Each of us has a unique ethos, or set of mental impressions, made up of our accumulated beliefs, ideas, values and thought and this ethos underlies every thought we have and every action we take. Beginning the moment we are born, the world impinges on us, shaping and forming each of us so that we come to be good representations of the cultural milieu in which we were raised. Some of what shapes us is overt including the direction we receive from school, family, religious institutions and the media. But, there is a great deal of covert shaping as well.
I began thinking about this recently when I read a short story assigned as part of a Carnegie Center workshop titled “Exploring Kentucky Writers.” The short story in question, “Blackberry Winter” was written by Robert Penn Warren. Warren, a Kentucky native, won a Pulitzer Prize for fiction for his novel All the King’s Men and also won a Pulitzer Prize for poetry, making him the only author to win the Pulitzer in both the fiction and poetry categories. He is widely considered to be one of the finest American authors. I remember reading All the King’s Men in seventh or eighth grade and being impressed by the fine prose.
I first read “Blackberry Winter” when I was eight or nine. Over the years, my memory of it became fuzzy; in my mind it was the story of a day in the life of a nine year old boy in late spring somewhere in the south. I remembered it included a shady and possibly malevolent stranger and some interesting scenes of the aftermath of a storm. When I began reading the story for this class, I was struck by what was in the story that I didn’t consciously remember, particularly the portrayal of the African-American characters. Poor tenant farmers, the black characters are divided into “good” black people, labeled “clean and clever” and “bad” black people labeled “shiftless.” While southern dialect is used sparingly for the white characters, the black characters speak entirely in dialect. In addition, the physical descriptions of the black people are stereotyped and racist.
Now, one can argue that when this story was first published, in 1946, attitudes were different and it’s not fair to judge by today’s standards, and perhaps that’s true. But that is an argument for a different essay. The point I am getting to here is that I read that story when I was a child. I don’t remember thinking there was anything odd about these characters or anything wrong with the way they were depicted. They seemed natural to me; real and true. There were several African-American students in my class and they read the story too. I don’t know how they felt about it. It never occurred to me to ask. I don’t know if they absorbed it without question, or if it was discussed in their homes. Did it make the African-American children more wary of white children? Did it make the white children more wary of the African-American children? I don’t know. I didn’t occur to me to think about it. I just took it in without question.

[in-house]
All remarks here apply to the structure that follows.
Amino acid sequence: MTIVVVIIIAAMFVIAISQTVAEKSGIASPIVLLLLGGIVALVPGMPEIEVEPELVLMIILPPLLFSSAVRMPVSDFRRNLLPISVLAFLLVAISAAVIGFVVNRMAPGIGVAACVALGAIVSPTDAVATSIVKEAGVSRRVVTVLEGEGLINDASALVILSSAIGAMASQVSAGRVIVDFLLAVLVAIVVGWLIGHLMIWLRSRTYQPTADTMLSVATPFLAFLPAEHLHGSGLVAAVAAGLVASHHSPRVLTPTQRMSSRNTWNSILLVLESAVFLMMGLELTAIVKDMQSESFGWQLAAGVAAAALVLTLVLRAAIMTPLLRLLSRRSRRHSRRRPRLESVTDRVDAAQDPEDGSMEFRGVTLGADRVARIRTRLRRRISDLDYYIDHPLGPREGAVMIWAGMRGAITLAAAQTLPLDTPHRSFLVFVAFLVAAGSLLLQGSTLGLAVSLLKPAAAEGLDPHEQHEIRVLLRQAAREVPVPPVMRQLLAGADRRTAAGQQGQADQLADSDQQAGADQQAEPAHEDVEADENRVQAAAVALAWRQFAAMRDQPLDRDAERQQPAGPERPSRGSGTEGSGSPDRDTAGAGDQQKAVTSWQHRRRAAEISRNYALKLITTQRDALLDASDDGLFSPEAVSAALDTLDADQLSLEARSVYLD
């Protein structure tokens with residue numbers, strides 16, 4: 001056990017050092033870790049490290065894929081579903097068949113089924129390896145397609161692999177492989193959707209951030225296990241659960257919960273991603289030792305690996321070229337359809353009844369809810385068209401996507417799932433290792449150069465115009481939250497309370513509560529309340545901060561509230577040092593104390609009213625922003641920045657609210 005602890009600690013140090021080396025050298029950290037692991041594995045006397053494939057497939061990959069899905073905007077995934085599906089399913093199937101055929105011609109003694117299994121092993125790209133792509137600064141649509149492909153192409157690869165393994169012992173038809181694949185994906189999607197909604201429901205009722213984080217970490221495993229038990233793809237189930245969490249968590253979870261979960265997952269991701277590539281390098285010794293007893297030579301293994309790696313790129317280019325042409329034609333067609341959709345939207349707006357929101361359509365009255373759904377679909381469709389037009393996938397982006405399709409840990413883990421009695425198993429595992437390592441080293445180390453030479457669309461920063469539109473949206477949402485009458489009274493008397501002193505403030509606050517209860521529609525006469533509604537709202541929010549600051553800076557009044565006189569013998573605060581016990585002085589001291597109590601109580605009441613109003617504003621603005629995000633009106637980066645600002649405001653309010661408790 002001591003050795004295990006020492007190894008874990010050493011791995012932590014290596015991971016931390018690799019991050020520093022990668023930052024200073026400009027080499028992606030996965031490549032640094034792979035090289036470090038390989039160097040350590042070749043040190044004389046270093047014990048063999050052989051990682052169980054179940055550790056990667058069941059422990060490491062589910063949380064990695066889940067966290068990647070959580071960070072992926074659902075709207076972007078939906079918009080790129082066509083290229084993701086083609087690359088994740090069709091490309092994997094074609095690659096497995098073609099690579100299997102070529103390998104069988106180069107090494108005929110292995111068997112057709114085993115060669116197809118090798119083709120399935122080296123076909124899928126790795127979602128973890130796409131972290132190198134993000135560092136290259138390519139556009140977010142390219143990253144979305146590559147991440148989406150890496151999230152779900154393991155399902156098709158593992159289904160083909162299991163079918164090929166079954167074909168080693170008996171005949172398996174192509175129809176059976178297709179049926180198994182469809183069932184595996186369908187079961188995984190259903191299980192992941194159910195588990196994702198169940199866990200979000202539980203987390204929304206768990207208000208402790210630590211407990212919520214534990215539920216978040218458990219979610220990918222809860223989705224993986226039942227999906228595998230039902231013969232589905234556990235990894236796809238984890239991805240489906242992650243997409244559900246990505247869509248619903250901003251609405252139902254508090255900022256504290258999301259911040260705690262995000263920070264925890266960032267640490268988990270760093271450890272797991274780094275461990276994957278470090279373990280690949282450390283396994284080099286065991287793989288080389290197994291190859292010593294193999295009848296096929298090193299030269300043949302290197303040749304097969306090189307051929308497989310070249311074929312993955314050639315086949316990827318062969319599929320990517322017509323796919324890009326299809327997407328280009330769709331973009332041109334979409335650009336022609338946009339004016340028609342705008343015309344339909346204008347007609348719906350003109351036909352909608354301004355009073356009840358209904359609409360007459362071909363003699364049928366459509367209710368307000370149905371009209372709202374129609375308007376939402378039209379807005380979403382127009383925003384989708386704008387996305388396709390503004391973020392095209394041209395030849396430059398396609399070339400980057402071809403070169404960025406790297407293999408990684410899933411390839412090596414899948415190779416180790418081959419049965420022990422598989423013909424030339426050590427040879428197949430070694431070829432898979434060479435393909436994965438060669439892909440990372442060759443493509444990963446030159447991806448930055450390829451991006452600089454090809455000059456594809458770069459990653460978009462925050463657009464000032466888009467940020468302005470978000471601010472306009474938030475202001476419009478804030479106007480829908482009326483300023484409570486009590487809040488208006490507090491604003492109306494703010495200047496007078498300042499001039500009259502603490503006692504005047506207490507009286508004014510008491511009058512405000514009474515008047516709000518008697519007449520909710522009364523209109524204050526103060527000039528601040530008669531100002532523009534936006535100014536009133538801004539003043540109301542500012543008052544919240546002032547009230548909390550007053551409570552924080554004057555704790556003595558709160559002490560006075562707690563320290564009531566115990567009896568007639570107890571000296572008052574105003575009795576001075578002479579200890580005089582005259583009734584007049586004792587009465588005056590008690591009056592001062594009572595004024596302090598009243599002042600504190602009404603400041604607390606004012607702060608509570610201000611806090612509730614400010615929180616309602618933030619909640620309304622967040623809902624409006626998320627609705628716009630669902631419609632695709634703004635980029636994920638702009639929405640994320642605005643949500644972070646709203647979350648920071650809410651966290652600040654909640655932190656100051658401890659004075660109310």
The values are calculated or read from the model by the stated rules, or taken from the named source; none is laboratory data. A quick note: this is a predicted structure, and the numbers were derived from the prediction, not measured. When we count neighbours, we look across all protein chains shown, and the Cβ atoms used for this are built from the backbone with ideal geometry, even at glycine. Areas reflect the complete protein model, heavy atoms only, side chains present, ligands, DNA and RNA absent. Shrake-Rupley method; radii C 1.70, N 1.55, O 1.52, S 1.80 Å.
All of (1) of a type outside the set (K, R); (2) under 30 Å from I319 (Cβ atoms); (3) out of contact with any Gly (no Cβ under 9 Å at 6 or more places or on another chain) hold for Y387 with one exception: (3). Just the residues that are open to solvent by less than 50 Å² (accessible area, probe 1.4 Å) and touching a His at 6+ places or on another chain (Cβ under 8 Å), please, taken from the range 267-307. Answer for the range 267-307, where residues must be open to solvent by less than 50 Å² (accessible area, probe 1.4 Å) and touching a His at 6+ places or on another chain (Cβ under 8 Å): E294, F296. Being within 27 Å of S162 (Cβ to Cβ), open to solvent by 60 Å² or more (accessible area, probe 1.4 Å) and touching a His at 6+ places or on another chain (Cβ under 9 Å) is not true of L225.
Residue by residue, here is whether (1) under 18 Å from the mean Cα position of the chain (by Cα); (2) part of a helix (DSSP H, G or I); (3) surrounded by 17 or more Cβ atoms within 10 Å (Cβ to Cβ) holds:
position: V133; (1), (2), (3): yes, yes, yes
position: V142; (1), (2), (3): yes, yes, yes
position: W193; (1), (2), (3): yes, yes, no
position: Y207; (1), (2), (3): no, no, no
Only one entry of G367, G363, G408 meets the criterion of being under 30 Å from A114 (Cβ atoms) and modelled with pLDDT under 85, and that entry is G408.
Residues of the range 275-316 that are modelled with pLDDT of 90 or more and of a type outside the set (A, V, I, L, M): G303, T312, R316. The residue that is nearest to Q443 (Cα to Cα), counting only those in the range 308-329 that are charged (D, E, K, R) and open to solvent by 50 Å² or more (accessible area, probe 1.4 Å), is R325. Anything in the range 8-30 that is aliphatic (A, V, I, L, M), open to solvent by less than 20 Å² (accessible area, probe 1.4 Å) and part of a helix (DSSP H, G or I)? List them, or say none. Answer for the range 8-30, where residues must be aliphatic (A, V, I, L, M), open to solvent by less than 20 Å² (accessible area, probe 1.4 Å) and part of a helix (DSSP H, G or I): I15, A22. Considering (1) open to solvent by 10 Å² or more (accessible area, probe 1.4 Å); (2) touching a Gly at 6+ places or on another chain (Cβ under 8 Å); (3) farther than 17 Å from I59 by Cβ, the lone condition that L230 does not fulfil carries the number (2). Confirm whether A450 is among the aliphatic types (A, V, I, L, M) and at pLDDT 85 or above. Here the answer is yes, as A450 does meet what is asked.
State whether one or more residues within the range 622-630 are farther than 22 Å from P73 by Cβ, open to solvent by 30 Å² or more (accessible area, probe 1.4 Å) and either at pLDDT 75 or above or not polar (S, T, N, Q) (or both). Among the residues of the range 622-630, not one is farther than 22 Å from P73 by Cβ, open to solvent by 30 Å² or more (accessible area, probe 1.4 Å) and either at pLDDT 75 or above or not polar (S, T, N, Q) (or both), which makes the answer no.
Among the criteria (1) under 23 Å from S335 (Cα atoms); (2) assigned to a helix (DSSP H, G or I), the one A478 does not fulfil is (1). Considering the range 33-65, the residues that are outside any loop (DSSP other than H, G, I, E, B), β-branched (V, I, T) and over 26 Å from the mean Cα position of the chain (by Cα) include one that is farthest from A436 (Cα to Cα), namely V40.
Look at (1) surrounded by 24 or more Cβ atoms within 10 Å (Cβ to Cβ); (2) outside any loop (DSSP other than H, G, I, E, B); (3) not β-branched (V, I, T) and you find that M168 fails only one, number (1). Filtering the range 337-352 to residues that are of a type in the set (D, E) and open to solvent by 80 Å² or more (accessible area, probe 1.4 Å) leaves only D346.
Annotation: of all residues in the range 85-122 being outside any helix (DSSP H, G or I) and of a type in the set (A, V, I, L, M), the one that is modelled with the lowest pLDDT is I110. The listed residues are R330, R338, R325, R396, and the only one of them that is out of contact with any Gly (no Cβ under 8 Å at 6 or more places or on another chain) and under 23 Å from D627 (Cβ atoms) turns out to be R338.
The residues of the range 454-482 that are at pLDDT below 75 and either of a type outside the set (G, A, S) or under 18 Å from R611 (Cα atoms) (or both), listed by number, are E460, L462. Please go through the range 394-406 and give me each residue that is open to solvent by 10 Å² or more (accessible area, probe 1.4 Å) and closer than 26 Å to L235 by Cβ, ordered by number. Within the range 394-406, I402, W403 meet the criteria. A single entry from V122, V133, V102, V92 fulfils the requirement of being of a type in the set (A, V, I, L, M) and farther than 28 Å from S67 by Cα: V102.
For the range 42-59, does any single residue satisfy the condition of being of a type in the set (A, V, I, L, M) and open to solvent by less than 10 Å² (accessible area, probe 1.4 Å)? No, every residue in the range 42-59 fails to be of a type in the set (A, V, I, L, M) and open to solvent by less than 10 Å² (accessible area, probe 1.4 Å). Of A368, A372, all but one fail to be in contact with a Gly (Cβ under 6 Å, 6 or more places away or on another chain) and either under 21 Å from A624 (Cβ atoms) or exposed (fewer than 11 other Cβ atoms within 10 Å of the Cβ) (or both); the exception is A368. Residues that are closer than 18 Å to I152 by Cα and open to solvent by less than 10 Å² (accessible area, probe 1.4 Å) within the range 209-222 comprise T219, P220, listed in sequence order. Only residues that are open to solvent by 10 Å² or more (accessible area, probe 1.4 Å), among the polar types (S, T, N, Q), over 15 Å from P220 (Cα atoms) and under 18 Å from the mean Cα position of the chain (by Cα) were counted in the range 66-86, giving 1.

I didn’t grow up in an overtly racist home. My parents leaned left and my mother was a member of the International Workers of the World in her youth. They supported the civil rights movement and I never heard them utter racist comments in front of me. Yet, I don’t know how many short stories and novels I read, how many TV shows and movies I watched, how many print and broadcast ads I viewed that reinforced a racist notion of black people. Casually, quietly, covertly, these notions became part of the fabric of my mental impressions. This is not just true for me, but for everyone raised in this culture. We are inculcated with cultural ideas before we are old enough to realize what they are, or are able to question them.
As adults we can learn to question received wisdom and learn to think differently, but we have to be willing to do the work. Racism is alive and well in the United States. It flourishes because few people care enough to do anything and because, underneath most white people are racist. Pundits argue that Donald Trump’s run for the White House is so popular because he is expressing what many Americans believe, but are afraid to say out loud. His racist, xenophobic, isolationist rhetoric is cheered by Neo Nazis and White supremacists—those who are overtly racist. Yet, his rhetoric is also championed by those who would be shocked to think of themselves as racist. Many people get tired of comparisons to Nazi Germany, but the truth is totalitarian and genocidal regimes are created and flourish not just because of the small cadre of those who actively believe the mission of the totalitarian leader, but also because of the unwillingness of the average citizen to care. One only has to read Mein Kampf to see that Hitler clearly laid out his beliefs long before he took power. People didn’t take him seriously. People don’t take Trump seriously either. I’m not telling anyone who to vote for in the presidential election, that’s a personal choice. But, it would behoove all of us to think about what kind of future we want and how we want to get there. In the words of philosopher Stuart Mill, “Bad men need nothing more to compass their ends, than that good men should look on and do nothing.” Ask yourself, if you are willing to do something or would you rather just look on and do nothing?